Remember when your math teacher said, “Show me the work?”

That’s what the people who maintain  Skeptical Science do with climate science denial. They collect and debunk articles and arguments that claim climate change isn’t happening, isn’t caused by humans, and isn’t a grave threat to humanity.

(They are.)

I can’t even imagine the amount of work it takes. Hat’s off to them.

Showing your work–what we call transparency in accounting, business and government–means other people can trace the steps and have confidence in your result.

It’s a fundamental concept for good business, good science, and good policy.

So in the spirit of showing my work, here are my thoughts on a climate change denial article that is about, of all things, climate change denial.

This Fox News op-ed piece is in response to a Guardian article that reported that “Conservative media outlets [are] found guilty of biased global warming coverage.”

Balance is not bias — Fox News critics mislead public on climate change

What amazes is that Abraham and Nuccitelli still pin their hopes on the cult of consensus. Forging an inter-governmental consensus has been the IPCC’s mission for 25 years, unavoidably politicizing climate science in the process. It has long since begun to backfire. People get suspicious when government-appointed experts define “the science” for the purpose of advancing an agenda that just happens to increase government control of energy markets.

Abraham and Nuccitelli have learned nothing if they think that demanding even greater fealty to groupthink will do anything except energize skeptics and increase their popularity.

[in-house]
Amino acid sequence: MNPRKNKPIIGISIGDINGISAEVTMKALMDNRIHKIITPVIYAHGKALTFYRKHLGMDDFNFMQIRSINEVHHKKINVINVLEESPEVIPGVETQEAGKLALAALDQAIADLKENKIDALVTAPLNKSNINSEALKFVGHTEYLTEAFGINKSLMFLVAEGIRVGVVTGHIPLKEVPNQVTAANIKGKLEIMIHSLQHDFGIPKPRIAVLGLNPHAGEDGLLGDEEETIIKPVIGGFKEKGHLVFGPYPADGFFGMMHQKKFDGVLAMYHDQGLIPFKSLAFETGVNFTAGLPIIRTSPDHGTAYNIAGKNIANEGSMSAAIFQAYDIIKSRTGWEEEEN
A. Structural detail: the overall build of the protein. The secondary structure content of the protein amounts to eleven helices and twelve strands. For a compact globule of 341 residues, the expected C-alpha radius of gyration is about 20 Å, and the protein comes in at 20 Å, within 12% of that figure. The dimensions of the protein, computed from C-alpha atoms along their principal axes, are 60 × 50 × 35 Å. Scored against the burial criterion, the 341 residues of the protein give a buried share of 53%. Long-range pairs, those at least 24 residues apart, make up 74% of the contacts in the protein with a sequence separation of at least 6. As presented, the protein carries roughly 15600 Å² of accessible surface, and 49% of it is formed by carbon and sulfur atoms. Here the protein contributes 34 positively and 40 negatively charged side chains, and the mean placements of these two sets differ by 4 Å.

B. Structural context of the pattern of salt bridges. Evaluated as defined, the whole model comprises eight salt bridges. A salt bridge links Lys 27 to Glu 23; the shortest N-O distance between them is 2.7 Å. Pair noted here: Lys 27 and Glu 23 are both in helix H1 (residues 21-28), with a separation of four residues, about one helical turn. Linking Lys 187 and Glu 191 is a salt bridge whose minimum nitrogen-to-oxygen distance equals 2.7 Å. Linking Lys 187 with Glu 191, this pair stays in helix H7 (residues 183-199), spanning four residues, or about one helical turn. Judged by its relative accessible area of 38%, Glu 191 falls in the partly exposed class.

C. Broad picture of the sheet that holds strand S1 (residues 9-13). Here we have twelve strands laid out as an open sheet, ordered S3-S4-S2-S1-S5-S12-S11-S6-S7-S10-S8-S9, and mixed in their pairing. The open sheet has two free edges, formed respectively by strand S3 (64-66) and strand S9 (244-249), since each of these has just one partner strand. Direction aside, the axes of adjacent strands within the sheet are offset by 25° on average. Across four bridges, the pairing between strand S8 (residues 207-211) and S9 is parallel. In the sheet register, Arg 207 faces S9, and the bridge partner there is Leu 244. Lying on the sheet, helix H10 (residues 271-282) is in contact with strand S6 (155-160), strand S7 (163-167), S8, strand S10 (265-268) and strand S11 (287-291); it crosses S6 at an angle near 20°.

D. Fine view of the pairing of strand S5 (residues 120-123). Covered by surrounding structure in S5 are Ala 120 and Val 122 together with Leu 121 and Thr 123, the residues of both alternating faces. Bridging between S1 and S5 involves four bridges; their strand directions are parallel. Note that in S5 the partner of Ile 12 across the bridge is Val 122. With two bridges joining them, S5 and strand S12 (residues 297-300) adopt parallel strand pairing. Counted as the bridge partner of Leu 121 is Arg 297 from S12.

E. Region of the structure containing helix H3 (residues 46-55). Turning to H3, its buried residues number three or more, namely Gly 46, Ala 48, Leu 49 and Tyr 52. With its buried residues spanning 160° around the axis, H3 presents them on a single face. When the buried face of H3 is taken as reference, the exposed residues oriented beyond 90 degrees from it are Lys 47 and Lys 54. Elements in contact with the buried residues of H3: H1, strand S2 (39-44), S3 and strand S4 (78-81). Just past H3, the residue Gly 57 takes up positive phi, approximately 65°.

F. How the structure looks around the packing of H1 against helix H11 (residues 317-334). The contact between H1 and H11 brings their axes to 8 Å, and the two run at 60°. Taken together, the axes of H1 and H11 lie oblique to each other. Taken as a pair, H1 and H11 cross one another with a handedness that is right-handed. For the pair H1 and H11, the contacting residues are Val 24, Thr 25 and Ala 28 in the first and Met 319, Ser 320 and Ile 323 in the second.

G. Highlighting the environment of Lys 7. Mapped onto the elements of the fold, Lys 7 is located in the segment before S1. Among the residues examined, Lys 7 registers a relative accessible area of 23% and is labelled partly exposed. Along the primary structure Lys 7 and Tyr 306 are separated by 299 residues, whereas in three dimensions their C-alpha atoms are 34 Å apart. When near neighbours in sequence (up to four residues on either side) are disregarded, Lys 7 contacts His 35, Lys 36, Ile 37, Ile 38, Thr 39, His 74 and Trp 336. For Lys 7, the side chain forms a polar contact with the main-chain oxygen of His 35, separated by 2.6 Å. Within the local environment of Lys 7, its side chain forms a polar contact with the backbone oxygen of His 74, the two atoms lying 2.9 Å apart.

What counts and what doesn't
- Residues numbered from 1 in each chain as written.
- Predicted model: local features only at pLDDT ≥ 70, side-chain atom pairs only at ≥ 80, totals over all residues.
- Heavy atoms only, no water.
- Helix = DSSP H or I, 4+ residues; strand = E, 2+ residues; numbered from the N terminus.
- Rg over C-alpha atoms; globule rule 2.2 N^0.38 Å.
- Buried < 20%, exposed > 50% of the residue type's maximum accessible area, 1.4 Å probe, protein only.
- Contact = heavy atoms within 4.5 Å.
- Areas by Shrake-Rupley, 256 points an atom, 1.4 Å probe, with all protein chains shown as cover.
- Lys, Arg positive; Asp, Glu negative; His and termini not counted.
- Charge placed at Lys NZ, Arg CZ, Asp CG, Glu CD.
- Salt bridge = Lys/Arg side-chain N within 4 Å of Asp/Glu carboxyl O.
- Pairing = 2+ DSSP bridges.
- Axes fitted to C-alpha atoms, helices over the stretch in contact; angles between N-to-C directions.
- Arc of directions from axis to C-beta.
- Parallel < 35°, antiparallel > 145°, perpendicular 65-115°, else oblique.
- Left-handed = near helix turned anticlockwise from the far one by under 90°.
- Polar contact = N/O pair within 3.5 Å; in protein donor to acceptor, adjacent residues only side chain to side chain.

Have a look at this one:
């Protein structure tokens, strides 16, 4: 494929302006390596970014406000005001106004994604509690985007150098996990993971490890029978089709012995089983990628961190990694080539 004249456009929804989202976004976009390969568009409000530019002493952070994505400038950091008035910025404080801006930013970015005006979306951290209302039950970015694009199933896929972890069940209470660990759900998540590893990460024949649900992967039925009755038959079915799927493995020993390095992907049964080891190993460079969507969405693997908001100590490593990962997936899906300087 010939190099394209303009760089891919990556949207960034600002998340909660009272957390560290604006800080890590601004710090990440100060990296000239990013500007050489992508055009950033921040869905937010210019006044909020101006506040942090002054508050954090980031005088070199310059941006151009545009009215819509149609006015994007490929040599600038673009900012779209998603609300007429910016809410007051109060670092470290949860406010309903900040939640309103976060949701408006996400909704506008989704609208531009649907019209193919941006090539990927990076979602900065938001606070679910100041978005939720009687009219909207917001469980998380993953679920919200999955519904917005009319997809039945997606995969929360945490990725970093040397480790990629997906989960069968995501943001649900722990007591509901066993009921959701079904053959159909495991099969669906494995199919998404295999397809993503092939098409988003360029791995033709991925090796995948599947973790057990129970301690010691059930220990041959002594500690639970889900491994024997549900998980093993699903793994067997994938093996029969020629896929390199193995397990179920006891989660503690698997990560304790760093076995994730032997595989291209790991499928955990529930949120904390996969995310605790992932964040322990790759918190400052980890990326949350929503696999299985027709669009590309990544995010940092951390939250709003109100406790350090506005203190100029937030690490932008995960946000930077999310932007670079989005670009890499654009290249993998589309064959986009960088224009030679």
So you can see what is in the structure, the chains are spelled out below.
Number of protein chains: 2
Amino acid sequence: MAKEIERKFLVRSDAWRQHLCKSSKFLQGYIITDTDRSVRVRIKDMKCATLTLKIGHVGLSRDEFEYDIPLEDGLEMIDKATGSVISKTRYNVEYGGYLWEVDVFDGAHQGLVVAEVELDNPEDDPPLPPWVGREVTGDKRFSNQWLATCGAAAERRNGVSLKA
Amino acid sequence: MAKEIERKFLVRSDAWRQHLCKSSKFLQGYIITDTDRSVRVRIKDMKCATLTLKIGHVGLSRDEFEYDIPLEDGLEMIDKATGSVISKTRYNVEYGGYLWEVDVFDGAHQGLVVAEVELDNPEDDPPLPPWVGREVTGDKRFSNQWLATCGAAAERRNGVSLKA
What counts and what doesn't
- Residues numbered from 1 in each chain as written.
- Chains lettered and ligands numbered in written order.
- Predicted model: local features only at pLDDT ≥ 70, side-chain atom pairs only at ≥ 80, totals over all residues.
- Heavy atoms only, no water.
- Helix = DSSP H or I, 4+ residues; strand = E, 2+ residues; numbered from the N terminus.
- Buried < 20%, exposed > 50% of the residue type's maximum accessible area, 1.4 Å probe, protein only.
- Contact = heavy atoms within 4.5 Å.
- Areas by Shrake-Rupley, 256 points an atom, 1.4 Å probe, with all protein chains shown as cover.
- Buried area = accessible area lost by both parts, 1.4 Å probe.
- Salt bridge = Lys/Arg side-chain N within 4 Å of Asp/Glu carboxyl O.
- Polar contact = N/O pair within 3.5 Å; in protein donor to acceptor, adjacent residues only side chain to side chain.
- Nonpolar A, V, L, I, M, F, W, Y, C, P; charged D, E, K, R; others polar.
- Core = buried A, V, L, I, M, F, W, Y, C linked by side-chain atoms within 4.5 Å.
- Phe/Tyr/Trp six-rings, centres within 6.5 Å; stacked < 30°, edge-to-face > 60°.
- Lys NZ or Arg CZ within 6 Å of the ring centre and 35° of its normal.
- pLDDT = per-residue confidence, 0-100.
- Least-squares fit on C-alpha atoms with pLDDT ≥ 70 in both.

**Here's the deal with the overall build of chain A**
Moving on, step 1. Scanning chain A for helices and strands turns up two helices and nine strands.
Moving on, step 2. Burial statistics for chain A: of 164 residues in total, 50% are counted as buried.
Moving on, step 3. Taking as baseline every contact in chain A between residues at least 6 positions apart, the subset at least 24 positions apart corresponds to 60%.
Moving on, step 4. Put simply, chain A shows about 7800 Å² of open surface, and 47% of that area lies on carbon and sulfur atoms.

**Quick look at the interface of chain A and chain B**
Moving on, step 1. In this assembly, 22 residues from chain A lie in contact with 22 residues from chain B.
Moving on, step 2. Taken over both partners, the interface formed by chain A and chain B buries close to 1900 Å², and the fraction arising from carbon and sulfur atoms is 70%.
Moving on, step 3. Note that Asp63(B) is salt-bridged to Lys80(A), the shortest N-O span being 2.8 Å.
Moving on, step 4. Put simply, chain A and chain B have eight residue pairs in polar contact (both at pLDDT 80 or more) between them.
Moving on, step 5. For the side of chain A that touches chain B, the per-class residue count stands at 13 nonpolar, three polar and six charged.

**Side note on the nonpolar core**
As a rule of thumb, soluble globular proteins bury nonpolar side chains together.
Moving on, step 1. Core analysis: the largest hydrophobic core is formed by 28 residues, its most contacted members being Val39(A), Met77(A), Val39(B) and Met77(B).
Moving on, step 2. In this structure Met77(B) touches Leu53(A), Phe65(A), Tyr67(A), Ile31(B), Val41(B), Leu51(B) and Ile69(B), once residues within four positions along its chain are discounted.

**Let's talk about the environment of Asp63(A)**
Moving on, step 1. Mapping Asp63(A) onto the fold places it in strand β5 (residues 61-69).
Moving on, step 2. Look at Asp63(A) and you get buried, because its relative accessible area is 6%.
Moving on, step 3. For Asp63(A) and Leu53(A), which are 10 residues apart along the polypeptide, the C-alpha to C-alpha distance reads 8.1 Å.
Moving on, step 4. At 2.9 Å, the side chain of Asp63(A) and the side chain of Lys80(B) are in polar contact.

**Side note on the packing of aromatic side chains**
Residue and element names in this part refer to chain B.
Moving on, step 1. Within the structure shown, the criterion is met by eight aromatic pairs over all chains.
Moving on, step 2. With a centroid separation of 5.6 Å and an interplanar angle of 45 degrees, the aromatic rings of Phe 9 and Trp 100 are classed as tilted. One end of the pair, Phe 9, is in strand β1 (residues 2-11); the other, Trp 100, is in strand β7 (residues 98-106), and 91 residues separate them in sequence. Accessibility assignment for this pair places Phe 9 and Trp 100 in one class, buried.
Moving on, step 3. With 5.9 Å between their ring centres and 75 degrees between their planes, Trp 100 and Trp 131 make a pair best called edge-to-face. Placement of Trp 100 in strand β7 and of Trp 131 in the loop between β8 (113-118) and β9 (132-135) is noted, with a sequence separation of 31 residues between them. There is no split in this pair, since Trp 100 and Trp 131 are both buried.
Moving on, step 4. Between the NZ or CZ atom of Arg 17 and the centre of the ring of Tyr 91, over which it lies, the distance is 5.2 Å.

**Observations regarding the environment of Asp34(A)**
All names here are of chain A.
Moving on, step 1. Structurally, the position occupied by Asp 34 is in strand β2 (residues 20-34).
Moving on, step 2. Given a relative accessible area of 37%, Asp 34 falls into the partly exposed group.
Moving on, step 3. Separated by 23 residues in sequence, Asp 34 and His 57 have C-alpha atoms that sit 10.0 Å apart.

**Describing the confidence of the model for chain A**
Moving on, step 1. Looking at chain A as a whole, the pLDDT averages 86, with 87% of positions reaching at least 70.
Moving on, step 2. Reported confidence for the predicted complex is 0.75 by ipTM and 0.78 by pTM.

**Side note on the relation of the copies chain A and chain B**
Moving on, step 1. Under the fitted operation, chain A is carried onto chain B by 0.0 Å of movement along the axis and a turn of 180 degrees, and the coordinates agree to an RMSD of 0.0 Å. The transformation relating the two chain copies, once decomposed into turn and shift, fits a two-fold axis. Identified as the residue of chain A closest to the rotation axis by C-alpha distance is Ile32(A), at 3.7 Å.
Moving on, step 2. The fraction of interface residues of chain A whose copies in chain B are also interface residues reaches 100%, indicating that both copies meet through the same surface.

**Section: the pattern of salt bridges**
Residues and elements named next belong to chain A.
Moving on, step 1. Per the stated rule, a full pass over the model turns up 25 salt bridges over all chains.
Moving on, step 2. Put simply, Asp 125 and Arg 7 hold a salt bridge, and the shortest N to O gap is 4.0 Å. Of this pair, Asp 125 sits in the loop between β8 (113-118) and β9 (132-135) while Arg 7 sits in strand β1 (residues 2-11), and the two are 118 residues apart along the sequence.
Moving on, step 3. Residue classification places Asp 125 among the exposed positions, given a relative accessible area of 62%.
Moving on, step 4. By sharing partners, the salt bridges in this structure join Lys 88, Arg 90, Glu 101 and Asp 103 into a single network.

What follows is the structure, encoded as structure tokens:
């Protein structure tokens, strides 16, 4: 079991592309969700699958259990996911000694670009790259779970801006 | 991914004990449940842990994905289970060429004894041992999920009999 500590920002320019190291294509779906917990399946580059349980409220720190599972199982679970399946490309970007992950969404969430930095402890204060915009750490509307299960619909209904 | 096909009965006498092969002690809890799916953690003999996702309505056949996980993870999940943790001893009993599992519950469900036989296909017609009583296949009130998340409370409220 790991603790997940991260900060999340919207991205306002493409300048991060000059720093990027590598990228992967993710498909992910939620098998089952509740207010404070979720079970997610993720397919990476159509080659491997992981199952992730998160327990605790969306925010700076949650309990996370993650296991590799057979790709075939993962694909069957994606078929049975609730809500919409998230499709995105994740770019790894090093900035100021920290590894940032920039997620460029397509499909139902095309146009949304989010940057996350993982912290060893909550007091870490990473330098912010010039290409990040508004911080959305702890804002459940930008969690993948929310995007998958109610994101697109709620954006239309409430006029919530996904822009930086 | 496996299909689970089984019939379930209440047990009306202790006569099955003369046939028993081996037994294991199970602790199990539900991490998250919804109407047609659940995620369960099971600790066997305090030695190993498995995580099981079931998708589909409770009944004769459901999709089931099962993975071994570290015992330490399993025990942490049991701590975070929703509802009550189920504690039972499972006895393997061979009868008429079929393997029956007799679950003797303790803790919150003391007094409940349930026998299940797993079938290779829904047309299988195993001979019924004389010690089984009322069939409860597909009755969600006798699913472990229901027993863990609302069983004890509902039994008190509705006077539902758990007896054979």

The good news is that conservative media are not going to take their advice, because doing so would allow one faction of experts to monopolize the discussion. Scores of government agencies, hundreds of mainstream media outlets, and thousands of Web sites serve up daily diets of climate alarm. Presenting contrarian analysis and commentary is balance, not bias.

Nope. That’s not right.

Fox News made it look like there are two equally valid sides to climate change discussions.

But there’s not. The science is compelling, convincing and terrifying.

And the Guardian reporters are right to call them on it.

Anyway, here’s my work on the response.

* * *

Lewis starts by saying that the 97% consensus among scientists worldwide, that humans are causing climate change and it’s a very big problem, is bunk*

Then he says:

That most scientists agree climate change is happening, but that it’s not all man-made.

But even if climate change is happening and is man-made, that there’s no evidence that it’s really a problem.

Furthermore, even if climate change is a problem, the solutions being proposed aren’t any good.

And finally, if you keep on telling the truth, it’s only going to encourage the denialists, so you might as well give up.

* * *

This line of anti-science reasoning comes straight from the Big Tobacco playbook. Sow uncertainty and spread confusion.

I really hate gotcha stories that cherry pick facts and demand absolute certainty. It’s not how we live in the real world. The real world is messy, complicated, and full of daily compromises.

Consensus is pretty much how humans get things done. See also: sharing, caring and cooperation.

Continuing to needle and pick and focus on the edges in an effort to sow doubt is (click the link for the curseword version,) being a not-nice person.

Every minute we spend dithering around about “how truely true is climate change?” is a minute lost to solving our energy needs, helping people out of poverty, preparing for weather extremes, and leaving a habitable planet for our children.

With gratitude to the world’s climate science community, I’m going to focus on covering and sharing news about solutions.